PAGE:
Authorities found Malaysian born Arie Irawan, 28, deceased in his hotel room on April 7. Sanya Championship officials declared that same day the man had died of “apparent natural causes.”
Professional Golfer Arie Irawan, 28, Dies in Hotel Room During PGA Tour Series in China https://t.co/iGHx42otGU
— People (@people) April 8, 2019
Irawan, who has played on the Asian Tour, the Asian Development Tour, and the PGA Tour China, missed the 36-hole cut on April 5, at Sanya Yalong Bay Golf Club in the southern island province of Hainan.
Organizers confirmed the official coroner’s report was still being completed at the time of publication.
“The PGA Tour and the China Golf Association grieve at this loss of one of our members and share sincere condolences with Arie’s wife, Marina, and his parents, Ahmad and Jeny,” the tour told The Associated Press. “When something of this magnitude occurs in the golf world, we all grieve at the same time.”
— Free Malaysia Today (@fmtoday) April 7, 2019
Golfer dies in hotel room, 4th round of China tournament canceled https://t.co/cdTYlL2U9H
— AP Sports (@AP_Sports) April 7, 2019
Event organizers have canceled the final round of the tournament.
“Out of respect for the family, officials canceled the final round of the Sanya Championship,” the tour said. “It’s a true tragedy what has happened. Sometimes, though, things happen in life that are bigger than a sporting event.”
— ST Sports Desk (@STsportsdesk) April 7, 2019
PGA Tour Executive Director Todd Rhinehart, who befriended Irawan, said he would always remember a historical moment when the golfer became one of three Malaysians who qualified in Kuala Lumpur, representing the highest in the tournament’s history back in 2015.
“He was 24 at the time and was anxious and nervous to be playing in his first PGA Tour event,” Rhinehart said in a public statement. “He was not only one of Malaysia’s most-talented golfers, he was also an incredible young man who served as a passionate ambassador for junior golf in the country.”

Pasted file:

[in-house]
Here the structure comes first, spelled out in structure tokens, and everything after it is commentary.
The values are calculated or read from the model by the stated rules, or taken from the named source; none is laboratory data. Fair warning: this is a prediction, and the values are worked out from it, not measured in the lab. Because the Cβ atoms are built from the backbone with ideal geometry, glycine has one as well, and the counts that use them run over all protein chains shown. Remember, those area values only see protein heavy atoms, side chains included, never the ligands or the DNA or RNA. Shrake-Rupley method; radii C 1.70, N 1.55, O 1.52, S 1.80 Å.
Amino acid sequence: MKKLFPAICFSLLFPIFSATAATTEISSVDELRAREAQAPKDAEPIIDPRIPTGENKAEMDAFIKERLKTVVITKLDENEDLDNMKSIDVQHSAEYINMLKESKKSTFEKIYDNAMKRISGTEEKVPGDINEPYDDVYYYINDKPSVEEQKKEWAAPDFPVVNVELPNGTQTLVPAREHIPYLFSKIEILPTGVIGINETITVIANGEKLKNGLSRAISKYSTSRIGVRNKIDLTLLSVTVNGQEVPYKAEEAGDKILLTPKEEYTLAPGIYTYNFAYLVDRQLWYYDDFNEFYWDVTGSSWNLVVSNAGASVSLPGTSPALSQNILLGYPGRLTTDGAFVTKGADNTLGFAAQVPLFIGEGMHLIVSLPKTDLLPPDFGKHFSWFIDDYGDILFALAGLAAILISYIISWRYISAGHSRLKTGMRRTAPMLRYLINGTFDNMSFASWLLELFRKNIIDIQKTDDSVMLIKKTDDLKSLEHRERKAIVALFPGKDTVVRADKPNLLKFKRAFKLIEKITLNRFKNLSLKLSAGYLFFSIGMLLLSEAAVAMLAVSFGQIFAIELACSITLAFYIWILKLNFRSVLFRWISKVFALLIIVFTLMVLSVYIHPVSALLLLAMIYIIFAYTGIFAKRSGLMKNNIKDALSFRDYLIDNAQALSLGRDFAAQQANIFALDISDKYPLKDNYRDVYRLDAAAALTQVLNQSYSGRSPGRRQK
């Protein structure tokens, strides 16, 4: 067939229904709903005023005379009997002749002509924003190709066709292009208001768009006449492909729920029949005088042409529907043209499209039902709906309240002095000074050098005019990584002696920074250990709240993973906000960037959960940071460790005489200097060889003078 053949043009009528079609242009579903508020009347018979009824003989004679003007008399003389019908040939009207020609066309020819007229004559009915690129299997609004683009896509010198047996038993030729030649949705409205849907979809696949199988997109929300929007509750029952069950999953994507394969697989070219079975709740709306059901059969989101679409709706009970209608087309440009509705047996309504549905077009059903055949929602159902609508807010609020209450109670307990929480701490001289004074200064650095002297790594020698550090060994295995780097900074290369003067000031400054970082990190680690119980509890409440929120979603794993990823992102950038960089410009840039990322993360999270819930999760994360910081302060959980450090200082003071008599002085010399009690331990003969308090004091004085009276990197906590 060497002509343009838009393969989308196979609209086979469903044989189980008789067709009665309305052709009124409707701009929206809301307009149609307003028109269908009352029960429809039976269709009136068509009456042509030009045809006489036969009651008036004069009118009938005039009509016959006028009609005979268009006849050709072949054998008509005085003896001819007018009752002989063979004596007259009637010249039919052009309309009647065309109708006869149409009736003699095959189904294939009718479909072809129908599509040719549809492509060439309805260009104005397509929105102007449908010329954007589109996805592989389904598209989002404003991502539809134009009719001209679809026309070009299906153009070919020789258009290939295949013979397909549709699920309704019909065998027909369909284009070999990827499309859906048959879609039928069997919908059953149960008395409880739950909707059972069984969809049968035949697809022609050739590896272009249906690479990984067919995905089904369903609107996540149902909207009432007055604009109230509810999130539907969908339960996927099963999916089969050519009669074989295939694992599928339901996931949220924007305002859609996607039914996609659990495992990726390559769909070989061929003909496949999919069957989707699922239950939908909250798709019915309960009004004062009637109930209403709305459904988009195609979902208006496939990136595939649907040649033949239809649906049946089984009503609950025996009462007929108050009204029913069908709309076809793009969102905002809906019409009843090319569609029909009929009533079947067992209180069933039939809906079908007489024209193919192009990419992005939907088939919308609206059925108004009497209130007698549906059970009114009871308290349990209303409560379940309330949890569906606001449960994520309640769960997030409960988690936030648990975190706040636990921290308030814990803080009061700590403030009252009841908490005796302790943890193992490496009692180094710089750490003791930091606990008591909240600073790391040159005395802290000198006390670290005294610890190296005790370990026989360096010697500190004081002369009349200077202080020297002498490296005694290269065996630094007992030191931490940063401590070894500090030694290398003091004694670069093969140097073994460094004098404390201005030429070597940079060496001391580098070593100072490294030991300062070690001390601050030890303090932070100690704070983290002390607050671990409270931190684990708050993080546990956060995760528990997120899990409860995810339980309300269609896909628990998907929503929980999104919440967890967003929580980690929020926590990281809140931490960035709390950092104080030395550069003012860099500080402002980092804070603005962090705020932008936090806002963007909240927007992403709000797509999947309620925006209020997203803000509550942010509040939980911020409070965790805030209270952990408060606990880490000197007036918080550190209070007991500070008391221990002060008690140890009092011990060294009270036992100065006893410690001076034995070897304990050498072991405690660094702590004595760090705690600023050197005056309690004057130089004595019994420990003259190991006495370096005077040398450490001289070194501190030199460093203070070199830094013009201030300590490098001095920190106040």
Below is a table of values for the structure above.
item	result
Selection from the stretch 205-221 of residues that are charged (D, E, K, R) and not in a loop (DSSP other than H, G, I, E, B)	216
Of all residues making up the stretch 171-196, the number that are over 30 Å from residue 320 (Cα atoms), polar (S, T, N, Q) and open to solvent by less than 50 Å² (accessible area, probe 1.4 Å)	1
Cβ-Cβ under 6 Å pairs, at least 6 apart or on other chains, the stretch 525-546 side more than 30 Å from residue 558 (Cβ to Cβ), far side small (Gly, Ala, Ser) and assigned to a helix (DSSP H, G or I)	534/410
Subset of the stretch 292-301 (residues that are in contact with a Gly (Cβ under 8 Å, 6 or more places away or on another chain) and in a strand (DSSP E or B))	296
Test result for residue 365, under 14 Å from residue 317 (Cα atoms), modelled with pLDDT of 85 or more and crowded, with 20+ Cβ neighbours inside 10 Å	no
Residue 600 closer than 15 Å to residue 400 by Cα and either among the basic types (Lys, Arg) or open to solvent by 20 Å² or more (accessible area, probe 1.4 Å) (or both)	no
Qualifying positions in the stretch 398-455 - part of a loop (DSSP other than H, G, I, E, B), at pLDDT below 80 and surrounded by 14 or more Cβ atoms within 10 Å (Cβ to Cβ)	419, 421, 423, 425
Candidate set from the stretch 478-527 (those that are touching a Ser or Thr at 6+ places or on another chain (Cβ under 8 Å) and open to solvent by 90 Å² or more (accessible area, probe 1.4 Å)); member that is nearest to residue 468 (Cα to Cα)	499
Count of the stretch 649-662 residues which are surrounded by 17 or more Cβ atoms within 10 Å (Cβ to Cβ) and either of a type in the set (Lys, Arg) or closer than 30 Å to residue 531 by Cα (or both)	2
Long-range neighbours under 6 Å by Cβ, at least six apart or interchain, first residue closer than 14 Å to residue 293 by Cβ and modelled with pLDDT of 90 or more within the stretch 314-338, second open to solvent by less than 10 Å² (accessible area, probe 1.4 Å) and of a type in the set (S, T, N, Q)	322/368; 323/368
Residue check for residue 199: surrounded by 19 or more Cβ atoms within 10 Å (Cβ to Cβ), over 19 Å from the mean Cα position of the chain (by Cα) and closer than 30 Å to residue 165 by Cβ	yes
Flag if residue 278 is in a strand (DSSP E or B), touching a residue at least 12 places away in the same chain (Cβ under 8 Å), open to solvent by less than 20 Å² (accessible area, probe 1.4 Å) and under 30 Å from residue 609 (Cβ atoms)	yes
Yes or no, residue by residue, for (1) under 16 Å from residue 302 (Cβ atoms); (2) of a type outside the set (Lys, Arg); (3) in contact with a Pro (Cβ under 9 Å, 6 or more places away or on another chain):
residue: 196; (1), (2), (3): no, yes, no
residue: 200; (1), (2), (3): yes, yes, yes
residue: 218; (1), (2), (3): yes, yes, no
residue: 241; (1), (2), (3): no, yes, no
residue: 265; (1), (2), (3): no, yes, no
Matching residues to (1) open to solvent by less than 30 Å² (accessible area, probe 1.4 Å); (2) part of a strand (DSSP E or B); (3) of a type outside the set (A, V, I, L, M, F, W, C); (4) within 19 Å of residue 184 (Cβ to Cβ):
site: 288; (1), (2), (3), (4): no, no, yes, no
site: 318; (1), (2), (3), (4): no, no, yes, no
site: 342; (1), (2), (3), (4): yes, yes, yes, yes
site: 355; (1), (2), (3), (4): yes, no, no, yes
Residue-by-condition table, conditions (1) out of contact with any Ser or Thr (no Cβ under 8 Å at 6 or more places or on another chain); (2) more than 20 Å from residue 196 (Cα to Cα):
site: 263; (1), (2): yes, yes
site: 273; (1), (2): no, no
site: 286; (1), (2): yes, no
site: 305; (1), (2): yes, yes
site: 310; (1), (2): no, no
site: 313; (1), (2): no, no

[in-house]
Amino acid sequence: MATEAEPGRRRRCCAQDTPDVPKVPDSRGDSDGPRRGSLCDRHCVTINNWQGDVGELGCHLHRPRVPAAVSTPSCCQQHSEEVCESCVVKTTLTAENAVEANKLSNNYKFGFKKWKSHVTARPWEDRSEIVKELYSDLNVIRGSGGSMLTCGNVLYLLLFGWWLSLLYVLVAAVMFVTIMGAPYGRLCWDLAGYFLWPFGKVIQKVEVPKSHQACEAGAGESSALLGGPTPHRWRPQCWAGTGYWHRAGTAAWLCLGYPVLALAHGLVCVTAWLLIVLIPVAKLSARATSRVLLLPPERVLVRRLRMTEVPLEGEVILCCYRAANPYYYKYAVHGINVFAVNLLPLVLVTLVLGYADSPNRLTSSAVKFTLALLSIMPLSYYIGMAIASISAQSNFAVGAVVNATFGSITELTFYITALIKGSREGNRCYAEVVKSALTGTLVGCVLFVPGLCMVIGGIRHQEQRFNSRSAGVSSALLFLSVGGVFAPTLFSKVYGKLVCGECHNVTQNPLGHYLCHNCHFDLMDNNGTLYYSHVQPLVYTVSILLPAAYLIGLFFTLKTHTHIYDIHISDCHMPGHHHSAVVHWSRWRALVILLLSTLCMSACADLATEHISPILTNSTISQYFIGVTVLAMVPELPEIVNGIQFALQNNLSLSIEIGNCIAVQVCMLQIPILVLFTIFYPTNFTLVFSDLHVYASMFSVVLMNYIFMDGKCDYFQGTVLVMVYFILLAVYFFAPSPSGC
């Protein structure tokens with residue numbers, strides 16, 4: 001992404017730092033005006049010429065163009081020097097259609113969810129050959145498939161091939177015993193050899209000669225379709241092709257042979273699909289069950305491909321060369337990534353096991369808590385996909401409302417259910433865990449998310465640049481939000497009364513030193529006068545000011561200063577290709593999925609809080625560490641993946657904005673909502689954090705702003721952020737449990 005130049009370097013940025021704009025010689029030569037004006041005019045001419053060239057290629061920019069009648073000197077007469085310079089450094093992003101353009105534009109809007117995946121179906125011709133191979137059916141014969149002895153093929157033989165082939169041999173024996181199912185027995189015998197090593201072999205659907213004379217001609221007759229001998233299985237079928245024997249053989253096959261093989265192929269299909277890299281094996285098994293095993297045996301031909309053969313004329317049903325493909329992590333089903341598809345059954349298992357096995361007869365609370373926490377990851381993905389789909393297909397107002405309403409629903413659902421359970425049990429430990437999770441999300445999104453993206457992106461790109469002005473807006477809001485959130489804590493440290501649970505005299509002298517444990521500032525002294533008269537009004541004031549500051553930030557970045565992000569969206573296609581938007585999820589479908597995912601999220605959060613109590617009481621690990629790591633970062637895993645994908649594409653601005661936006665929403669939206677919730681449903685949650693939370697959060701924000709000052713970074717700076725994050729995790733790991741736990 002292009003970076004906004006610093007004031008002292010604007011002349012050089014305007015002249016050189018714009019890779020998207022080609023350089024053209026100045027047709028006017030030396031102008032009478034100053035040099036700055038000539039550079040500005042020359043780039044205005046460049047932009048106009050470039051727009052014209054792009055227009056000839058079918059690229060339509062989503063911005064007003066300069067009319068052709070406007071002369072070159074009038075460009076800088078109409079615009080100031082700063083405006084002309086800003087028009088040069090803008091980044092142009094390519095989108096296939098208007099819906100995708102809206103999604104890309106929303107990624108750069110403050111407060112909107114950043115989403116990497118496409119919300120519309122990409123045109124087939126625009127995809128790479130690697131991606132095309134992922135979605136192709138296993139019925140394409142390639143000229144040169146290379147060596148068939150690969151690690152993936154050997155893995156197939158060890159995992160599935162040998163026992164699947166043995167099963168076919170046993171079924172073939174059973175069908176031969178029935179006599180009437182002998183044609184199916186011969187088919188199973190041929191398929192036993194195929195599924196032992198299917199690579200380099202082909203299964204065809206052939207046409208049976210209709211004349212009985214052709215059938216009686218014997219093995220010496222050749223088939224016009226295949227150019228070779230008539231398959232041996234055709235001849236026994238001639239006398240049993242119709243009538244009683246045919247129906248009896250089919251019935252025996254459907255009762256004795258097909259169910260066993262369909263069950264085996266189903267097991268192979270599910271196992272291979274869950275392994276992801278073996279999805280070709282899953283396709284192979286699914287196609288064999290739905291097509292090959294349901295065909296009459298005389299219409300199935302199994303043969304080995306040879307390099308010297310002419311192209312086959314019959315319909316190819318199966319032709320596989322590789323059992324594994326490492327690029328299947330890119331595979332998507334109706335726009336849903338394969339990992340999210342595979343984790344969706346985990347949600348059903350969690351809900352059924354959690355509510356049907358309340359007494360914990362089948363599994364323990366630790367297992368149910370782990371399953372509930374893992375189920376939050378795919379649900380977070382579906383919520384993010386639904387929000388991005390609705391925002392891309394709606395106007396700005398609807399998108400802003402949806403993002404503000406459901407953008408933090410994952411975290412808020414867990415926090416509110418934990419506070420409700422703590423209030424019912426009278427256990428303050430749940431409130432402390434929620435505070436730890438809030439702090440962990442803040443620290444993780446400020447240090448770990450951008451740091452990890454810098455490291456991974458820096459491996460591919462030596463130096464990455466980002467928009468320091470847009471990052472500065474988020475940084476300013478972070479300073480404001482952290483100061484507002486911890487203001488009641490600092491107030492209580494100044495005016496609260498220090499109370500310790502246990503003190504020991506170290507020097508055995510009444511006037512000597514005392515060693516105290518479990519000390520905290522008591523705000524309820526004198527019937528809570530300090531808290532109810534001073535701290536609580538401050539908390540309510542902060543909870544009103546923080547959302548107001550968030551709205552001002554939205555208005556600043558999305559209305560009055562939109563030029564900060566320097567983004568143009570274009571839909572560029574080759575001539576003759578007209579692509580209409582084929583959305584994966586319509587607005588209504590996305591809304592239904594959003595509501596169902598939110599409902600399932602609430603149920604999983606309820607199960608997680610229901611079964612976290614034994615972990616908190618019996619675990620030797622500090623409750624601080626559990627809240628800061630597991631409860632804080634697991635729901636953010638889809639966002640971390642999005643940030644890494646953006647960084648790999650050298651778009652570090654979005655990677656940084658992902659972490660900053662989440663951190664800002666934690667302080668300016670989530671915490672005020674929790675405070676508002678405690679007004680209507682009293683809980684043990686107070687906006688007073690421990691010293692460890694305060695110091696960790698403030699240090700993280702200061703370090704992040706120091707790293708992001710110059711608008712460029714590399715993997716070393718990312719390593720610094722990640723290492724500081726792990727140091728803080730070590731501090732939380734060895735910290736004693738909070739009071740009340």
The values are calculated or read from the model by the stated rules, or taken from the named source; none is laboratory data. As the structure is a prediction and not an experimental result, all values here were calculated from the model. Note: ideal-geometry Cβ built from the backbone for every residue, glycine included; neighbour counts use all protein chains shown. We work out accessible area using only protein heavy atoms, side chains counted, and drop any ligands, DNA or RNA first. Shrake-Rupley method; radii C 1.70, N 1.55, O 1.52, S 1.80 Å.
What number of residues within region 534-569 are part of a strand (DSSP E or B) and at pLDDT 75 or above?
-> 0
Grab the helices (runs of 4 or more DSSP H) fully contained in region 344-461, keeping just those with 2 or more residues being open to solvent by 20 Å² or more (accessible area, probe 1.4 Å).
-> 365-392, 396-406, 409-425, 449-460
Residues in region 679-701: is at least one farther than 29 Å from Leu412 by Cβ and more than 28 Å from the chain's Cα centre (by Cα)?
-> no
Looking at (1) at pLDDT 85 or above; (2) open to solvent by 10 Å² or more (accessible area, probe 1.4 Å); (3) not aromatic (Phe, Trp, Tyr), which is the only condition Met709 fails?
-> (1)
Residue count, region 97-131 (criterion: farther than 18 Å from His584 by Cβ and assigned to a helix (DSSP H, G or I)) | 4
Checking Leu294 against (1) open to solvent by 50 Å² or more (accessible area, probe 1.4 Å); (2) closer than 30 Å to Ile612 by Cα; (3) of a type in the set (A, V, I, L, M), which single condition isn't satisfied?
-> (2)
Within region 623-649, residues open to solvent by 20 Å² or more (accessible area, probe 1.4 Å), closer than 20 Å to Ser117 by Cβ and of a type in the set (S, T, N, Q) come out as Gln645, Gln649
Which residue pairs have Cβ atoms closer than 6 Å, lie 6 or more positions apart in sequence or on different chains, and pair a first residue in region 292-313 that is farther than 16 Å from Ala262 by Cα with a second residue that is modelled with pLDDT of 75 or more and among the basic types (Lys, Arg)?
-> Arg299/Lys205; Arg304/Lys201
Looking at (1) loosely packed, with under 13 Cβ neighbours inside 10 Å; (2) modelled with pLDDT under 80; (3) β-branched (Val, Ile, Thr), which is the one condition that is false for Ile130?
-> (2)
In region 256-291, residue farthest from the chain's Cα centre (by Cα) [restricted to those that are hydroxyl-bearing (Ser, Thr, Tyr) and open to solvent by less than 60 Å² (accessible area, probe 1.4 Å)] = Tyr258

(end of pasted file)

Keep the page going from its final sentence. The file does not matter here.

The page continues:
American golf pro Trevor Sluman, who won the tournament with an 18-under total of 198 for the first time since graduating from the University of Louisville in 2015, expressed his condolences to Irawan’s beloved ones.
“My heart goes out to Arie’s family and his beautiful wife, Marina,” Sluman said. “Along with the rest of the tour, we are thinking about them at this time. It’s very bittersweet … and I think the rest of the year will be dedicated to Arie and the impact he had on this tour.”
Fellow Americans Matt Gilchrest, Max McGreevy, and Michael Perras tied for second, two strokes behind.
Fellow American Golfer Kevin Techakanokboon, who shared the same hotel room with Irawan, described Irawan as a friend who would often overanalyze his performance.
“I would always try to find ways to get us to disconnect once we were off the golf course,” he said in a public statement. “We would definitely do stuff to get us to relax and get ready for the next day and not necessarily talk about golf.”
Techakanokboon also found Irawan to be popular with many people.
“There weren’t a lot of guys who he didn’t get along with. Everybody was touched by the guy in some way, and everybody has Arie stories to tell,” he said.
The pair liked saving money, so they would often share a hotel room when Irawan’s wife was not traveling with him.
“That week, I was playing pretty well, but Arie missed the cut,” Techakanokboon said. “Nothing really prepares you for something like this. How am I supposed to tell his wife what happened? How am I going to face his parents? There was just so much that I didn’t know how to say and so much that was left unsaid to Arie.”
When Irawan’s aunt and parents Ahmad and Jeny, arrived in Sanya, they seemed surprisingly resilient and composed.
“You could really feel how much they all love him and miss him. You could see it in their eyes and hear it in their voices,” Techakanokboon said. “We all did our very best to hold it together and be strong for them in their time of suffering.”
Ahmad pleaded with Techakanokboon not to put his life on hold and just keep minding his business.
“‘Don’t stop,’ he said to us. ‘It’s not what Arie would have wanted for you to do. Look back at all of the good times that you shared with Arie and be happy,'” Techakanokboon said.